Member of the Migration Research Group at University of Sheffield, Dr Lukasz Szulc, joined forces with Assistant Professor at Leiden University, Dr Andrew DJ Shield, to discuss race and queer migrants on hook-up apps. The event took place in the Department of Sociological Studies at the University of Sheffield on 9th December 2019 and was entitled ‘Cruising the Interface: Sex, Race and Migrants on Hook-Up Apps’.
The starting point for the discussion was an observation that while the majority of the most popular social media do not ask their users to identify by race, many hook-up apps do ask about race in their registration interfaces. Moreover, different hook-up apps provide different predefined race or ethnicity options to choose from. The panellists started the discussion by asking: Why does race matter in online self-presentation for romantic and/or sexual purposes? What are the differences in conceptualising race or ethnicity in the predefined options of different hook-up apps? And what do users do with them?
The first part of the discussion focused on the design of ethnicity and race options on gay hook-up apps. The panellists pointed out that the most popular hook-up apps are designed in the US and tend to reproduce American racial imaginations (e.g. categories including ‘Black’, ‘Native American’, ‘Pacific Islander’), which are then imposed on users located in different cultural contexts. They also emphasised that the design of the hook-up apps often allows filtering users based on their ethnicity or race, which paves way for sexual racism.
In the second part of the discussion, the panellist turned towards users of hook-up apps. Drawing on their recent research with queer migrants, the panellists discussed how migrant queers navigate the racialized interfaces of hook-up app in their everyday lives.
Dr Szulc drew from his recent research with Polish LGBTQs in the UK, which are summarised in the report Queer #PolesinUK: Identity, Migration and Social Media. He noted how his participants casually reproduced the categories found in hook-up apps. At times, they used English terminology, even though the research was conducted in Polish. Dr Szulc suggested that this points to the influence of global hook-up apps in delineating how race and ethnicity are imagined by the apps’ users around the world. He also pointed out that the great majority of Poles are white and whiteness tends to be taken for granted in digital social interactions in Poland, which indicates that the racialized interfaces of hook-up apps also naturalize the alleged importance of race or ethnicity for romantic and/or sexual relationships.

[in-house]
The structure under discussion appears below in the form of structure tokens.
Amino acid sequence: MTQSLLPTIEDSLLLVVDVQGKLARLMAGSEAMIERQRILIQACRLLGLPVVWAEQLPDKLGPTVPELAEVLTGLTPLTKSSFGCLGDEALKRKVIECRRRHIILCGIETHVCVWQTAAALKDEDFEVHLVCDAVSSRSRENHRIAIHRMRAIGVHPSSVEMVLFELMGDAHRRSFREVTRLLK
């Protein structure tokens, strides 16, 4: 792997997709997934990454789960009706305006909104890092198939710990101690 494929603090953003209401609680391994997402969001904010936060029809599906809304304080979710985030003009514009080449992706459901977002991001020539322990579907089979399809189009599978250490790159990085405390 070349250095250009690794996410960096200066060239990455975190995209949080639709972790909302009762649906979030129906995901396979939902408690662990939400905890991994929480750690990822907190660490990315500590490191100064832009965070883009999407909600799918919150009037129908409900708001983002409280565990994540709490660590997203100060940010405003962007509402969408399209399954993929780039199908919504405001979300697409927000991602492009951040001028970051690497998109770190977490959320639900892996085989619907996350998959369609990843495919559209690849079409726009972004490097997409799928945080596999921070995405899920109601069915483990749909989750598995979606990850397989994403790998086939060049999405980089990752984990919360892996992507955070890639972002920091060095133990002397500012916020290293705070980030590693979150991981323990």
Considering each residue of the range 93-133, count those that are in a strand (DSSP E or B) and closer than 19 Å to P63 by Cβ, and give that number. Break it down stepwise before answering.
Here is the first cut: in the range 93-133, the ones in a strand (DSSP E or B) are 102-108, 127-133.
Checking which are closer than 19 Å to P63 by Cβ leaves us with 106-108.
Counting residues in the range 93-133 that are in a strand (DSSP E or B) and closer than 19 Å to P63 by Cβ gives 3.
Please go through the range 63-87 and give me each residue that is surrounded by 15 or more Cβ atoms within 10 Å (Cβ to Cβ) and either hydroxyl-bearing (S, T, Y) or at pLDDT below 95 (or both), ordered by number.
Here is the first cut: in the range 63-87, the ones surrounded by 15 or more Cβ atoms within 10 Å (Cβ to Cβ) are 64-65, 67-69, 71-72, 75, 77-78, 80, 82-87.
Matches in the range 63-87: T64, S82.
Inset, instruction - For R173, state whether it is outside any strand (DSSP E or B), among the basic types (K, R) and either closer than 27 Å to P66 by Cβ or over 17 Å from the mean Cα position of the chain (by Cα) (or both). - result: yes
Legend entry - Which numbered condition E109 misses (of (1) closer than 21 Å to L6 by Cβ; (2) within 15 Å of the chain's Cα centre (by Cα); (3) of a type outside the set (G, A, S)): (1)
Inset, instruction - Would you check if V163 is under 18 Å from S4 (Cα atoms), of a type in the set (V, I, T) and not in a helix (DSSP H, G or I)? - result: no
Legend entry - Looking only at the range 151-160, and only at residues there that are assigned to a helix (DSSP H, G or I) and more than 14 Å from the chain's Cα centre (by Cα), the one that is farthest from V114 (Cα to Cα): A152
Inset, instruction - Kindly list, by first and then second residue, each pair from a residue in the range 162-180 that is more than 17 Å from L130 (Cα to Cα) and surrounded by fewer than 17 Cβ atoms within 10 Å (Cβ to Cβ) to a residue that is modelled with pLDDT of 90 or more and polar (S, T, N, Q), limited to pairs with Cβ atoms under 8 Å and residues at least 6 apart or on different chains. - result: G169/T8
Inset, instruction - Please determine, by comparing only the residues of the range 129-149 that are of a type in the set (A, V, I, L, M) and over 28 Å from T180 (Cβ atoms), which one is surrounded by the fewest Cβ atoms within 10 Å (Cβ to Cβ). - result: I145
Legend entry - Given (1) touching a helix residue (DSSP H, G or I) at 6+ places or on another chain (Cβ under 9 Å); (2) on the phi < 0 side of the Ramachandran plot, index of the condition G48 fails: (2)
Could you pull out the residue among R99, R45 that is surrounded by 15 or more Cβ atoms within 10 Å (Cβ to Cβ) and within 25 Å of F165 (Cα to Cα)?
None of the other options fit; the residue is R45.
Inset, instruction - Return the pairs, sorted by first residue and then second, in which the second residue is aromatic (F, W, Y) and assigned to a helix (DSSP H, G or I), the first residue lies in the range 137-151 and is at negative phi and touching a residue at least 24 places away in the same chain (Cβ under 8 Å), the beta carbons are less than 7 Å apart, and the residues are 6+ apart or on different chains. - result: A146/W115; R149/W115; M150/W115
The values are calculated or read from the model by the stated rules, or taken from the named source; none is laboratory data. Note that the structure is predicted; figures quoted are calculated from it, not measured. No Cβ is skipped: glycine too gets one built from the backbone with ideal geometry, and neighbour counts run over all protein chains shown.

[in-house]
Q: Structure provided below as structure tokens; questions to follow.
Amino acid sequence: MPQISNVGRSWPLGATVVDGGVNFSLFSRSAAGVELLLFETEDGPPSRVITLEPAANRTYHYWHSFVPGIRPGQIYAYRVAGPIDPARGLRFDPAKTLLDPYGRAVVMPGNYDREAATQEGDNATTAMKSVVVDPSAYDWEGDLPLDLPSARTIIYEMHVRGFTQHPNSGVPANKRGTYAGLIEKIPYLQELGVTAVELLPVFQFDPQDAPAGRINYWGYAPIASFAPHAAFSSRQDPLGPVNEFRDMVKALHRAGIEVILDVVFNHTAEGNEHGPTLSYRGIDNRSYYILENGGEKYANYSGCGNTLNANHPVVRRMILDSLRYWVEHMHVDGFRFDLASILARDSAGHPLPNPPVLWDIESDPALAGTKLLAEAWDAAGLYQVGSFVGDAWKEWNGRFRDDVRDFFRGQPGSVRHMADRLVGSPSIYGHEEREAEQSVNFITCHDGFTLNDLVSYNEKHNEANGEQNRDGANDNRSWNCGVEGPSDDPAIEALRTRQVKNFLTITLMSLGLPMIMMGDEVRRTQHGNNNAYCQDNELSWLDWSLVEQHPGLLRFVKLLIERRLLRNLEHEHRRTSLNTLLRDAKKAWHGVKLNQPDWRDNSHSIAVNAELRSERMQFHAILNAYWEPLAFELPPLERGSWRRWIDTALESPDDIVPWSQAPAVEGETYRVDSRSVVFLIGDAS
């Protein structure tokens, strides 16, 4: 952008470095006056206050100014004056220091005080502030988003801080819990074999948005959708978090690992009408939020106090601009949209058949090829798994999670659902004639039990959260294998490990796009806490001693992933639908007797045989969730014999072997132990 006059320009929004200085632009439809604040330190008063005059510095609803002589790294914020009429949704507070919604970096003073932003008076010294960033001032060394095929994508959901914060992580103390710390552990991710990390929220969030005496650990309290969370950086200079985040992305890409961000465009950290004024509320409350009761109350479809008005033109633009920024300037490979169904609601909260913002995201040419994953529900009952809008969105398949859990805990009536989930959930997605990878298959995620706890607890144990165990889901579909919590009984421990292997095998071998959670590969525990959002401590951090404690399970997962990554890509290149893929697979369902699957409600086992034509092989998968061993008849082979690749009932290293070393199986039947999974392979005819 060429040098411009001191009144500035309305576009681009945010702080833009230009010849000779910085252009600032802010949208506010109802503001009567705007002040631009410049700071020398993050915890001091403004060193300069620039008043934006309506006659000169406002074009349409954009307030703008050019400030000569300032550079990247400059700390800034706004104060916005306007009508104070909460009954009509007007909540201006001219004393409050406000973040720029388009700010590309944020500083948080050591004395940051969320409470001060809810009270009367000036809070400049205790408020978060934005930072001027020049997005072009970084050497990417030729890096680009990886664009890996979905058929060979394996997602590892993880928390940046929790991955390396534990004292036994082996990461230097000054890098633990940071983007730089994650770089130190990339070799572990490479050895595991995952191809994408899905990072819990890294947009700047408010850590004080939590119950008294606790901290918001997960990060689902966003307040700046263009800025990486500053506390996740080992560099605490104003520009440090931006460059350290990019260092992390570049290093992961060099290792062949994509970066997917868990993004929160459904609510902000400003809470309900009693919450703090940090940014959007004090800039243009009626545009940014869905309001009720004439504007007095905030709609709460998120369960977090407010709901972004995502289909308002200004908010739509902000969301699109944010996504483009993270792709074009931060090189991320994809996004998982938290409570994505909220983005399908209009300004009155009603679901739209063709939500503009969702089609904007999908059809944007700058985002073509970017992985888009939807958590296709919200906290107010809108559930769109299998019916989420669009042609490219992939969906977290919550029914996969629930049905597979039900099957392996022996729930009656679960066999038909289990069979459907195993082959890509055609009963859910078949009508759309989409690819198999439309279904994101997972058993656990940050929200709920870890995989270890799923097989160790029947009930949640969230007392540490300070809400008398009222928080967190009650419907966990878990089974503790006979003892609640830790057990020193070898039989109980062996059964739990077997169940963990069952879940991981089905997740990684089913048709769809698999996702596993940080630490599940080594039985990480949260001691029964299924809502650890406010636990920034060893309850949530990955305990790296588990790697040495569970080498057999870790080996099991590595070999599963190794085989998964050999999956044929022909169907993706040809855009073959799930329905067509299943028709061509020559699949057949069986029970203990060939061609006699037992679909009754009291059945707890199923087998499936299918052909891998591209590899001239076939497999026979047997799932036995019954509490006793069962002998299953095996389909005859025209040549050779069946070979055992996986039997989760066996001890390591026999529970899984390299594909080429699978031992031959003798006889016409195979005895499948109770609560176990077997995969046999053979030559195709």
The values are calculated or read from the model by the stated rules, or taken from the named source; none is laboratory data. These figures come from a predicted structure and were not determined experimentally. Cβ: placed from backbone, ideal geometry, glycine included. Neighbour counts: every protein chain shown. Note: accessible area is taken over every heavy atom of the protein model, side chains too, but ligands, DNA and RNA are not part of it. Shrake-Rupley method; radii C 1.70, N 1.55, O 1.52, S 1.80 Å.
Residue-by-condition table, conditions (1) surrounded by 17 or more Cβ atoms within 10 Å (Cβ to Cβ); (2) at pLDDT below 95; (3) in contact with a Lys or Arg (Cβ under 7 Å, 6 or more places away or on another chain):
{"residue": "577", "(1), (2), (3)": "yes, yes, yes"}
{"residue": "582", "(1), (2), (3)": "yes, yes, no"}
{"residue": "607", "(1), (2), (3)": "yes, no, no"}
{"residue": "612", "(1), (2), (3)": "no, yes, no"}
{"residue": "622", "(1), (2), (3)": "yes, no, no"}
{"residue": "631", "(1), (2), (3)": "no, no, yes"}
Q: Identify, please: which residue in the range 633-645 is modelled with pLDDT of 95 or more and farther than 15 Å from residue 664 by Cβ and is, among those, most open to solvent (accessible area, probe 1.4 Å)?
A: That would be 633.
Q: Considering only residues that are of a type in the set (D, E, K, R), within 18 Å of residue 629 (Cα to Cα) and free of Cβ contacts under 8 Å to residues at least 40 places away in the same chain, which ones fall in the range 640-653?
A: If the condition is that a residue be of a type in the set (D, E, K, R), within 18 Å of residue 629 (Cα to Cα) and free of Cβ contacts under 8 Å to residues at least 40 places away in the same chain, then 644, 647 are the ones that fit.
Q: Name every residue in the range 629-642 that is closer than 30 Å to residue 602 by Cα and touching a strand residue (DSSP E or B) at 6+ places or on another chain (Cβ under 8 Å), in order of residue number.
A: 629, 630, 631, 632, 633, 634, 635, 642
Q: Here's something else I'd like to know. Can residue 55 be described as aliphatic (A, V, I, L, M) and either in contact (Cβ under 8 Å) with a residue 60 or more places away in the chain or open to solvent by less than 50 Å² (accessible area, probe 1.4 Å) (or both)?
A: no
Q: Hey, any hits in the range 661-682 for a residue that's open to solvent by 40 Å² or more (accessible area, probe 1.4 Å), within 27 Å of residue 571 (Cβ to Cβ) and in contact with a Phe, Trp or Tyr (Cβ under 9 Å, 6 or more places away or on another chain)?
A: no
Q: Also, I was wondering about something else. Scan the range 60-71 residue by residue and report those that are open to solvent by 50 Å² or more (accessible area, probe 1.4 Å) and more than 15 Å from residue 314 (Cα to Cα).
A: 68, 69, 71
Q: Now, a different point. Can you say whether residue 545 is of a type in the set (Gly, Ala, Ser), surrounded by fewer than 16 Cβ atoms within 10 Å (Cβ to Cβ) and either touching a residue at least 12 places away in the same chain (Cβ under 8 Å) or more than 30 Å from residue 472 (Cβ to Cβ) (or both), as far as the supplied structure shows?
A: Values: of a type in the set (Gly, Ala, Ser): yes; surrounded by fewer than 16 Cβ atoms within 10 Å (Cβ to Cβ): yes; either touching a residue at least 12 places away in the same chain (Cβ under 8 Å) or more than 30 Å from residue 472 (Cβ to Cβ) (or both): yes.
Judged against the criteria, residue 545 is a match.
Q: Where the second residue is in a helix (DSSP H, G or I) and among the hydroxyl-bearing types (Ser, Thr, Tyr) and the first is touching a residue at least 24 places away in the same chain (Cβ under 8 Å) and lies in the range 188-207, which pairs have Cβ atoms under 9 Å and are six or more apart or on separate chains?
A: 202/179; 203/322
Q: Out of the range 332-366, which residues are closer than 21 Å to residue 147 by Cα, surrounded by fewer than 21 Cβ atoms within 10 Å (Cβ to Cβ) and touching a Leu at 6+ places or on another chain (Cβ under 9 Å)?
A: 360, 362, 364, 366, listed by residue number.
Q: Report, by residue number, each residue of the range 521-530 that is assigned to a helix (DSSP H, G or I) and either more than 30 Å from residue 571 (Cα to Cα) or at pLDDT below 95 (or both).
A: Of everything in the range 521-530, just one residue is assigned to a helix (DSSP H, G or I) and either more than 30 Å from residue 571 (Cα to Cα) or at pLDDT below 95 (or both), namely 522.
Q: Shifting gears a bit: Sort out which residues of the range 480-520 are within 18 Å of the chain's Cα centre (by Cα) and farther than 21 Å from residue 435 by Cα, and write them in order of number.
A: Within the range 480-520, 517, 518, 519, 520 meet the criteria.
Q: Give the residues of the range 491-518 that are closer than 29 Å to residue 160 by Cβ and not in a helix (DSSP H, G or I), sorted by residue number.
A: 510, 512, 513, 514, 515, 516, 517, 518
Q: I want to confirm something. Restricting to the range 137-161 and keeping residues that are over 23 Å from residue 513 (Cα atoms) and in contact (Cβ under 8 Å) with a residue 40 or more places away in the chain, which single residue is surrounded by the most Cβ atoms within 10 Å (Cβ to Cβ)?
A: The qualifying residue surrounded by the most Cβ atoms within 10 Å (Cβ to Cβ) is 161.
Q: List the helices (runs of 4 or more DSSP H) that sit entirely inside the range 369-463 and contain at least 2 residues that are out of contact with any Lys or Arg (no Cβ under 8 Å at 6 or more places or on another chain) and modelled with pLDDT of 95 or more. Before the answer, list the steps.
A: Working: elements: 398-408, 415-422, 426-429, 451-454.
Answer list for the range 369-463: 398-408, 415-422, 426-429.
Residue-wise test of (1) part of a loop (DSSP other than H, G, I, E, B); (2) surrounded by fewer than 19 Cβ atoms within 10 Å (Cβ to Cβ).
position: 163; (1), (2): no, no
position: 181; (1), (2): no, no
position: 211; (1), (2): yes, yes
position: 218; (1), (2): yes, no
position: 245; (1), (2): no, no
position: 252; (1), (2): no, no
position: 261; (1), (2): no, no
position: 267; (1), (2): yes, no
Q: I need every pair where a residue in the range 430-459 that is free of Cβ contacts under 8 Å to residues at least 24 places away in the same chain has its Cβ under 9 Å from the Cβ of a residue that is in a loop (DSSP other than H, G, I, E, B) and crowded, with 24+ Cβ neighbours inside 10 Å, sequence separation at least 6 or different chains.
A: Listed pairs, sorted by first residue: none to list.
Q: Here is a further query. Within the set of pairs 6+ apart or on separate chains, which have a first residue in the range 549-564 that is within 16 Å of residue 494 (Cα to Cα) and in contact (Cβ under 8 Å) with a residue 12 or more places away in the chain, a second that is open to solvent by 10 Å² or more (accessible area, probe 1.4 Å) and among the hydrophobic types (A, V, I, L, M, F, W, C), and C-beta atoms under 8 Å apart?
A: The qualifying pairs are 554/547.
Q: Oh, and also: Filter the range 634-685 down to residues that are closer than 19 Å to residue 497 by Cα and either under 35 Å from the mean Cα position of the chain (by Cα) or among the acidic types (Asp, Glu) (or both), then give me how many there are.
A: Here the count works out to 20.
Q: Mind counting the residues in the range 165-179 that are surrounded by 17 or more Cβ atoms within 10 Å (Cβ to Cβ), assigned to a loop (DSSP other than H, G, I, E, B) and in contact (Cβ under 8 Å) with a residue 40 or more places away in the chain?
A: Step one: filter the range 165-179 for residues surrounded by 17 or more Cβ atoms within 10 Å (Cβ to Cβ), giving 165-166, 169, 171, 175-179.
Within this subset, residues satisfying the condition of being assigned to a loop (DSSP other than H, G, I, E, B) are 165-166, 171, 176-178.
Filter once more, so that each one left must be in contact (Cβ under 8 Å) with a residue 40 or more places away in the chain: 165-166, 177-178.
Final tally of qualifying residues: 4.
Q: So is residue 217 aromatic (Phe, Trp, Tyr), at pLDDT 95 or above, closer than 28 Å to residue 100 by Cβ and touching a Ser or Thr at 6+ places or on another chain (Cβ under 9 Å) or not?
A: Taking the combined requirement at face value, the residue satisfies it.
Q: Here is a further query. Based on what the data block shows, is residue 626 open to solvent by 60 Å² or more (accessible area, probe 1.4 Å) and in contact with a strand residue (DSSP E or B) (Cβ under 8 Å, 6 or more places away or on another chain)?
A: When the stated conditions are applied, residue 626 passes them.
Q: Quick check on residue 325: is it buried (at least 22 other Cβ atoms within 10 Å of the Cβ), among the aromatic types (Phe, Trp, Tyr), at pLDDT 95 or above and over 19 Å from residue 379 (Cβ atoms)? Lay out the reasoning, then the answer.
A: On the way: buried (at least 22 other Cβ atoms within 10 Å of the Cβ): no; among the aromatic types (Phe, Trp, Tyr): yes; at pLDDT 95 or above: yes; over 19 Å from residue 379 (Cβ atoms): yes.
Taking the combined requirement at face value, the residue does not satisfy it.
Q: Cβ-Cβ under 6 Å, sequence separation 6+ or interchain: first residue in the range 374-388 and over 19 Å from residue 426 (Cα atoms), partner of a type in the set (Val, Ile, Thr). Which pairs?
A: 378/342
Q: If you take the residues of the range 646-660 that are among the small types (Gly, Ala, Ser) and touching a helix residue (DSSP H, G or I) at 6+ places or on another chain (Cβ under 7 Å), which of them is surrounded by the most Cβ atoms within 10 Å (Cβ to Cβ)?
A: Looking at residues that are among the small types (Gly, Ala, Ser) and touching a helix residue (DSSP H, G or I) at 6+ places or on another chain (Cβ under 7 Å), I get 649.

Dr Shield reported the results of his research with migrants from especially Muslim-majority countries to Denmark, detailed in his recently published book Immigrants on Grindr: Race, Sexuality and Belonging Online. With regard to Grindr’s ‘ethnicity’ menu, Dr Shield explained that many users identify with two labels (e.g. Middle Eastern and Asian, Black, or White) but must ultimately choose one, due to the app’s restrictions. Rejecting the menu is also an option, one which some interviewees described as a ‘political act’; however, narratives also revealed that leaving the menu blank could be a strategy for avoiding racist and Islamophobic messages. Dr Shield suggested that some participants chose a label that they deemed more desirable within an online sexual culture, even when they did not identify with that label. In short, drop-down-menu technologies shape the ways users understand racial difference, and can foment hierarchical and exclusionary online cultures.
The event was hosted by the Digital Society Network’s Global Digital Popular Culture Hub and the Migration Research Group, and has attracted a diverse audience of graduate and postgraduate students as well as staff members from the Departments of Sociological Studies, School of East Asian Studies and Sheffield Methods Institute.